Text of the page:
Yeah, true. I don't fault people who want to become academics for training to do so (as someone who wants to be an educator nearly all my jobs have involved working with kids or kid-serving organizations). It is frustrating though, to be entering a new area of this broad field and largely at the mercy (in my condition as a novice) of people who aren't familiar with the opportunities I'm persuing and don't have time to connect me with those who do.
You said: One such issue is impostor syndrome, where, in a grad school context, you feel as if you don't really belong where you are, that you're a fraud and everyone will eventually find out. You're not intelligent enough, you haven't read enough, you don't work as hard as everyone else--
I could relate! This is exactly how I felt in grad school.
Ditto to what Karen said. I am definitely a grad student suffering from impostor syndrome. I don't necessarily feel like a fraud, but I definitely feel like I do not fit into the academic community here.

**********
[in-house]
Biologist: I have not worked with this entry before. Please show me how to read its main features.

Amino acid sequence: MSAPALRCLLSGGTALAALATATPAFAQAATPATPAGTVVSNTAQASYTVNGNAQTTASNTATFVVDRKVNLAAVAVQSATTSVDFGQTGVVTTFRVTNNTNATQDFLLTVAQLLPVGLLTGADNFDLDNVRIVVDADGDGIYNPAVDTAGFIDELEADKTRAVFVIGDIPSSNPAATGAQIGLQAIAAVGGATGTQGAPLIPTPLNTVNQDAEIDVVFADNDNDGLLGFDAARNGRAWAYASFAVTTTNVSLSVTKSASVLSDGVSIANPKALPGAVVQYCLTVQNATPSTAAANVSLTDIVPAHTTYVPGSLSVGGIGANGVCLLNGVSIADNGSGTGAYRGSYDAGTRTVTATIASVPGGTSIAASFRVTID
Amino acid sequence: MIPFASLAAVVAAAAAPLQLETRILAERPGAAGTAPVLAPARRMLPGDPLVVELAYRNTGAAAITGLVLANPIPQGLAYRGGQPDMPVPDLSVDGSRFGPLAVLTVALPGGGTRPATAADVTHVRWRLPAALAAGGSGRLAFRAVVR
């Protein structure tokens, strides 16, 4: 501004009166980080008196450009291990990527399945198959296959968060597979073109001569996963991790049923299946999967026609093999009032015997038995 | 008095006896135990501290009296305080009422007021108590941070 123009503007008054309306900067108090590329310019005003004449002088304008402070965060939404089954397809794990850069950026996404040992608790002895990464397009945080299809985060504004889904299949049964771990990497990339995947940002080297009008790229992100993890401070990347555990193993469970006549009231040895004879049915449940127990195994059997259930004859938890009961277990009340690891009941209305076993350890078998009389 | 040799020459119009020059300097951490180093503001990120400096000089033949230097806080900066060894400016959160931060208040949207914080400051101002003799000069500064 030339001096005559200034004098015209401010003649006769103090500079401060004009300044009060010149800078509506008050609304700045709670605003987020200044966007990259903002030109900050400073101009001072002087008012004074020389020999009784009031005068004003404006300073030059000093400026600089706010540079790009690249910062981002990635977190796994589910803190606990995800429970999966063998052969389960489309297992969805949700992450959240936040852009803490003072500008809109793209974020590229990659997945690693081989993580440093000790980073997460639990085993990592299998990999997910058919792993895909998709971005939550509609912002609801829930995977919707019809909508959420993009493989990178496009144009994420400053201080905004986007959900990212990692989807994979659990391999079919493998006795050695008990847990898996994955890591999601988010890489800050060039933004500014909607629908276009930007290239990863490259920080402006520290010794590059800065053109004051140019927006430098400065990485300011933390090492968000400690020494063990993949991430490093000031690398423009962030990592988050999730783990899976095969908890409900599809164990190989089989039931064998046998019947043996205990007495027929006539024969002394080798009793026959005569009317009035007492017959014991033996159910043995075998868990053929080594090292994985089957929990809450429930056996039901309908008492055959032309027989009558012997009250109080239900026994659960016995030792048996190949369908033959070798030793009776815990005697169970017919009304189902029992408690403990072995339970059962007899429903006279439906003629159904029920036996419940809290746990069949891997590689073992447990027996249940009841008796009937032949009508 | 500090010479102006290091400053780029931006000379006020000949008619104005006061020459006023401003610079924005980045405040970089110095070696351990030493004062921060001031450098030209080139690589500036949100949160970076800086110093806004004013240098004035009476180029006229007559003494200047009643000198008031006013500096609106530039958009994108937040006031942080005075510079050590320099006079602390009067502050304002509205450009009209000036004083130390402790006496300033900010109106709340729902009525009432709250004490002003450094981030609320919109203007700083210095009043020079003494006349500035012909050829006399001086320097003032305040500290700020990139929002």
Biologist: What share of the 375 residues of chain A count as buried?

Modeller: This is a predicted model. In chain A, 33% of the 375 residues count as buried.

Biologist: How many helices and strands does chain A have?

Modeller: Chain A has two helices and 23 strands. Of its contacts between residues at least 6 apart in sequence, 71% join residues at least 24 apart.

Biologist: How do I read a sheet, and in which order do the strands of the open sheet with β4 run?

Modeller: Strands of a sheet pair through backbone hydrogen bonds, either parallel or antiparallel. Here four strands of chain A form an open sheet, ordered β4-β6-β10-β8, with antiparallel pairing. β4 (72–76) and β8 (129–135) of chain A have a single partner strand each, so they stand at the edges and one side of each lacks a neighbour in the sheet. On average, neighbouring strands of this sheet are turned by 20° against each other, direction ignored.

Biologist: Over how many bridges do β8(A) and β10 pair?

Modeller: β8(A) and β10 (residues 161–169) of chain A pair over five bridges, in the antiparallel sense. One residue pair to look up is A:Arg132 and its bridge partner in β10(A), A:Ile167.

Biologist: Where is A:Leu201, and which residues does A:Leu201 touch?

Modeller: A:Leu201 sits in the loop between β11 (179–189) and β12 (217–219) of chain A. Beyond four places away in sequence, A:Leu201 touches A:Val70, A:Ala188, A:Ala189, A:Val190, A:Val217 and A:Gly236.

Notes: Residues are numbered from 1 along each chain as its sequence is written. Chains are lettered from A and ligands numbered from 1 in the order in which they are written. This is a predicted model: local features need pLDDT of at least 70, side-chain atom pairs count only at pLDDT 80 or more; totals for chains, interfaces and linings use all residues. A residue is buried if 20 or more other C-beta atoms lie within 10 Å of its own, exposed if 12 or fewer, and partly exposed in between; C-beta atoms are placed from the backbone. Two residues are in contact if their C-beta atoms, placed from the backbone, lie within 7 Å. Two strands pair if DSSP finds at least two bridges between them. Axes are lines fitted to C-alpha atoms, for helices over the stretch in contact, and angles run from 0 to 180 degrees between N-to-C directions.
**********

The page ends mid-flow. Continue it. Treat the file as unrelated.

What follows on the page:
"Do you really want to live in Grinnell?"
Yes - I actually applied for a job there. It was a long-shot and I got rejected but, yes, some of us do really want to live in Grinnell.
You and Bitch hit on one of my pet peeves about grad school - there is not enough support/resources for students interested in exploring careers outside academia. I don't want to fault individual professors, but I think departments/programs as a whole could do a much better job.
Good post. I'm not sure the difference between individual faculty and grad programs. Here it seems that the grad programs are basically run by individual faculty, who are all really overwhelmed with work (apparently) and some sort of administrative person. Maybe it's different other places.
When you talk about impostor syndrome in that way, I guess I do have it. I don't feel stupid in comparison to other people in academia, but I never feel like I'm working hard enough or reading enough. I guess I still believe that if I get a PhD people will think of me as an expert and that will give me some sort of cache. So on the other side, I tend to think of people with phds, particularly if they have managed to get tenure track positions, as having better ideas than I have.